During that time, a few people were brave enough to ask me if I quit because I had “a problem.” I always answered “no,” but it didn’t feel like an honest answer. Because I think it depends on your definition of problem. Was I an alcoholic by society standards? Not at all. But I would argue that drinking to avoid really facing your feelings… numbing your life… is kind of a problem. Same goes for social media, TV and the thousands of time-sucking apps at our fingertips. If I wasn’t drinking my feelings away, I was deflecting by focusing on other peoples’ lives, or binge watching six seasons of Game of Thrones in two months (yea, that really happened). There are so many ways to escape our reality.
Escape. That’s a word I used a lot to justify my numbing. “It’s my escape” – I’ve said it countless times. Either that or “it’s my release.” And people usually nod along in understanding. It took me almost 20 years to finally ask myself but why do I want to escape my life to begin with? Or what do I need to be released from?
All of my escape routes were really a means to avoid just being; something to do other than sit quietly alone with my thoughts and feelings... and think about my life – the choices I’ve made or didn’t make, the resulting consequences, and the impact they’ve had on me. Instead I tried to constantly distract myself from those thoughts. Probably because deep down I knew really facing my life – really acknowledging that my choices were MY choices – wouldn’t be all rainbows and butterflies.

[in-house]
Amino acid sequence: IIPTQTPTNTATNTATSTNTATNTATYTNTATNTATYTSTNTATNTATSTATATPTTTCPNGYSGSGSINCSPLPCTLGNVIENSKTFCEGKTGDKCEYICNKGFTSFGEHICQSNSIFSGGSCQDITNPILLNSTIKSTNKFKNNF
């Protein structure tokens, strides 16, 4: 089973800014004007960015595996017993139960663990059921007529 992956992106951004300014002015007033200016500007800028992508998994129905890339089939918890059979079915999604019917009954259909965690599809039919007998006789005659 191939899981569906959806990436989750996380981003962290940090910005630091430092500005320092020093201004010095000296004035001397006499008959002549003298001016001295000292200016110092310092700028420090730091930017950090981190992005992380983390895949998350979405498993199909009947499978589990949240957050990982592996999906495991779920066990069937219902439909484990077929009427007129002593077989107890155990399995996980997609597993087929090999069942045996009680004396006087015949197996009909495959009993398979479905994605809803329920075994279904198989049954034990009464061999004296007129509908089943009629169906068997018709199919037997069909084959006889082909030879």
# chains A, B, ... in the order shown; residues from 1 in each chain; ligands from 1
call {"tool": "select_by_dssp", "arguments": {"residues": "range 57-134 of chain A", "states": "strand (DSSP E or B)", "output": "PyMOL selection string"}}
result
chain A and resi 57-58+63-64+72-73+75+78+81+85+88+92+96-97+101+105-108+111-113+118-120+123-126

But as Brené points out, “We cannot selectively numb emotions, when we numb the painful emotions, we also numb the positive emotions.”
And there it is - the consequences of my numbing. That’s why I failed miserably at the How to be More Loving meditation. All those years spent escaping the pain resulted in a loss of love… a loss of joy. The guard I put up was blocking me from experiencing the full range of emotions, good and bad.
And that’s when I realized being comfortable sucks. I don’t want a life I try to escape from. I don’t want to struggle to feel love… or even struggle to cry for that matter. So now I try to not just face it all – the pain, the discomfort, the fear – but to also lean into it. Embrace it. Because we can’t pick and choose the emotions we let in… it’s all or nothing. And I want it all.
It’s uncomfortable at times but it beats being numb. And I’ll cheers to that.